By JACK WEATHERLY
Former Gov. Haley Barbour predicts that Mississippi Power Co.’s Kemper County coal-powered plant will in the long run rival the performance of Entergy’s Grand Gulf nuclear plant in Port Gibson.
“Grand Gulf took more than twice as long to build and cost more than twice as much [as originally planned]. And after it went online it initially caused a spike in rates, Barbour said.
“Today, Grand Gulf is the cheapest baseload power generated in Mississippi,” Barbour said in an interview.
Rates went up 17 percent in 1985 when the nuclear plant started producing power, rising to 49 percent in 1993 before starting a slow decline since, according to Mara Hartmann, Entergy Mississippi spokeswoman.
Barbour and Gray Swoope, who was executive director of the Mississippi Development Authority during Barbour’s tenure, announced in a news release on Monday the formation of VisionFirst Advisors, an economic development subsidiary of the Butler Snow law firm.
They were asked about their economic development efforts in Mississippi.
Cost of building the Kemper plant has risen to nearly $6.2 billion from the original projection of about $2.8 billion. The oft-delayed project will turn lignite, a low-energy coal mined in a near-the-surface formation in east-central Mississippi, into gas to fuel the power plant. Its carbon-capture and gasification technology qualifies it as a “clean-coal” plant.
The Mississippi Supreme Court last month ordered Mississippi Power to refund more than $200 million of a rate increase granted by the state Public Service Commission to pay for the facility.
The court found the commission at fault for not conducting its due diligence properly and transparently.
Entergy Mississippi spokeswoman Hartmann said Tuesday that Grand Gulf’s delay and cost overrun were caused by a shutdown and reexamination of all nuclear construction projects after the Three-Mile Island partial meltdown in Pennsylvania in 1979.
One effect of the Grand Gulf cost overrun was the passage of the Baseload Act in 2008, which allows Mississippi utilities to collect increased rates while a facility is still under construction. As governor, Barbour promoted the act. The Supreme Court did not address that law in its ruling on the commission’s handling of the case.
The Washington, D.C.-based BGR Group, which he founded in 1987, claimed credit for persuading the U.S. Department of Energy to shift $270 million to Mississippi from a proposed Southern Co. project in Florida.
Barbour is listed on the BGR website as founding partner. He said that he is “nonexecutive chairman” of the board for VisionFirst and that Swoope, as president and chief executive, is the “head honcho.”
Swoope said that the fact that Butler Snow has offices in 18 cities provides a “large footprint’ for the startup company, which will be based in Tallahassee, Fla.. Barbour has been associated with Butler Snow since he left office three years ago.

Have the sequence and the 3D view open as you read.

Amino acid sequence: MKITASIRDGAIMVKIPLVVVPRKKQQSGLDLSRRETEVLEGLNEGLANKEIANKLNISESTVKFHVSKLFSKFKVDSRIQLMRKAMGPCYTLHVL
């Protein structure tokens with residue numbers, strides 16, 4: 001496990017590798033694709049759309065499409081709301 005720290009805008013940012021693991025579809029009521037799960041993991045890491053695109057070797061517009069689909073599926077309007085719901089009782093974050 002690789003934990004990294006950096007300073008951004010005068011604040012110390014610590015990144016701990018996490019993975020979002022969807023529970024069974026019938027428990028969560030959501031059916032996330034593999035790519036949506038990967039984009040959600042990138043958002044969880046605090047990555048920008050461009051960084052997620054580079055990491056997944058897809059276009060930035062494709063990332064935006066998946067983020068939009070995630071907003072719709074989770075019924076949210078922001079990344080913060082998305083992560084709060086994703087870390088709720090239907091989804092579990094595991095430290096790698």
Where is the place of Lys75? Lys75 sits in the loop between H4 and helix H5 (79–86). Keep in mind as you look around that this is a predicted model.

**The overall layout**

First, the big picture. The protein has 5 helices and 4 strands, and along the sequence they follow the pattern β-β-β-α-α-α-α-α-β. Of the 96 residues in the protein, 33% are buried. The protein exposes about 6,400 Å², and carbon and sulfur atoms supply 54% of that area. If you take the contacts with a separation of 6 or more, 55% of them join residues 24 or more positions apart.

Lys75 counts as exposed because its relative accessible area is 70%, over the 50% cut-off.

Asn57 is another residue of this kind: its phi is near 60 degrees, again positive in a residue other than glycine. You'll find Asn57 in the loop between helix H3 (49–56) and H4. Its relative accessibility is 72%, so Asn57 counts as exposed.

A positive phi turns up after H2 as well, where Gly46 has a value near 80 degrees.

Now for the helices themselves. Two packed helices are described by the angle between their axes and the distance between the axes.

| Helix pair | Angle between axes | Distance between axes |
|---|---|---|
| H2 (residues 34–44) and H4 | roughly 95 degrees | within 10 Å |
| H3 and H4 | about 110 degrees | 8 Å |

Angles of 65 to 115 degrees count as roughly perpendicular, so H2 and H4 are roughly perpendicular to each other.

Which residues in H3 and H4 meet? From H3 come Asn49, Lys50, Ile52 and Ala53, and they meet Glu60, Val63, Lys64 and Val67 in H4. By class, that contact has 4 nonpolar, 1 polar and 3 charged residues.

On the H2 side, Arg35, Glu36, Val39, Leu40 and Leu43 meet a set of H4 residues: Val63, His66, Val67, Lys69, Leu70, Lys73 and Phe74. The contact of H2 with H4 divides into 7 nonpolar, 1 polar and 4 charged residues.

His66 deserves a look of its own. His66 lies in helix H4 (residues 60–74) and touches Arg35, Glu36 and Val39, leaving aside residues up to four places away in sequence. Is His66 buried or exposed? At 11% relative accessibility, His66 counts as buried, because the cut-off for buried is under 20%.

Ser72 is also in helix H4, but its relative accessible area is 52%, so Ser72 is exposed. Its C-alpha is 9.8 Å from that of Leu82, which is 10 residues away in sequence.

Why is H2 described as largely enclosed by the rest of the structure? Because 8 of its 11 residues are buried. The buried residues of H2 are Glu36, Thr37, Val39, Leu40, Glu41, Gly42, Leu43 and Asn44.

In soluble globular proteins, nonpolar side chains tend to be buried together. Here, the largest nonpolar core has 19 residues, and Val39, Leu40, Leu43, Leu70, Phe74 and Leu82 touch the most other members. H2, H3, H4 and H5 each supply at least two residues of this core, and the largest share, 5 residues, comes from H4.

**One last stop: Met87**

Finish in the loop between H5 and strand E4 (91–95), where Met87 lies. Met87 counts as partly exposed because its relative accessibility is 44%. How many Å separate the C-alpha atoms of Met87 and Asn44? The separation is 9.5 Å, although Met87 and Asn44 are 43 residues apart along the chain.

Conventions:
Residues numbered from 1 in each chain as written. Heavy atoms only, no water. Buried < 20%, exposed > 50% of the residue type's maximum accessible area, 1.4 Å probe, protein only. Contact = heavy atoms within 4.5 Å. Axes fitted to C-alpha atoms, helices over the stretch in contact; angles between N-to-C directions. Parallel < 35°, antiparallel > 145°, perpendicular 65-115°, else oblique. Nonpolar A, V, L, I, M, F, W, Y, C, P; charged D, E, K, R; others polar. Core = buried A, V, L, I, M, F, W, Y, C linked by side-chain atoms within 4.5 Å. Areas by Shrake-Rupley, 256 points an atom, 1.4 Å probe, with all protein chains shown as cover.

Swoope said that during his four-year tenure as Florida secretary of commerce, the goal of a net gain of 700,000 jobs was surpassed by 28,000, and in less time than had been projected.
Donald Clark Jr., chairman of Butler Snow, said in the news release that “this is an exciting opportunity for our firm and our clients with economic development needs both here and abroad.”
During Barbour’s tenure as governor, a Toyota assembly plant built at Blue Springs and a steel plant at Columbus were signal achievements.
The Toyota plant employed 2,000 and accounted for 2,699 indirect jobs as of 2013, the automaker states.
The Steel Dynamics plant, formerly Severstal, has about 640 workers, according to the Mississippi Development Authority.
But two others — Twin Creeks Technologies and KiOR Mississippi — are shuttered. Twin Creeks was to create 1,500 jobs, directly and indirectly, but it was closed in late 2012 before producing and selling solar panels. The Mississippi Development Authority provided $27.7 million to Twin Creeks, and is now trying to find a buyer for the 80,000-square-foot building in Senatobia.
The MDA made a $75 million loan to KiOR, but it never produced the quality or quantity of motor fuel from wood chips it had expected. And it laid off its workforce of about 100 in January 2014, falling far short of the projected 1,000 direct and indirect jobs.
KiOR owes Mississippi about $79 million, but the state has first lien on the $230 million KiOR plant. The Pasadena, Texas-based parent of the Mississippi plant has filed for Chapter 11 bankruptcy protection, though the state is seeking to force it into Chapter 7 liquidation.The filing by the company excluded the Columbus plant.
Barbour said that “the likelihood is that the state is going to come out fine on those, though it is disappointing that those potentialities didn’t come into full fruition.”
“But I think that, because the state did its due diligence, the taxpayers of Mississippi should be made whole.”
As for the Kemper County plant, Barbour said he foresees “the same thing with Kemper. There has been a couple of billion dollars in cost overruns, but the stockholders of the Southern Co. paid every dime of that.”
The project is not without its critics.
Louie Miller, state director of the Sierra Club, said that “bottom line . . . Haley Barbour continues to be the chief lobbyist for the Southern Co.,” parent of Mississippi Power.
BGR had listed Southern Co. on its website as a client until 2010. However, Southern paid BGR $200,000 as a lobbyist in 2014, according to the Center for Responsive Politics website.
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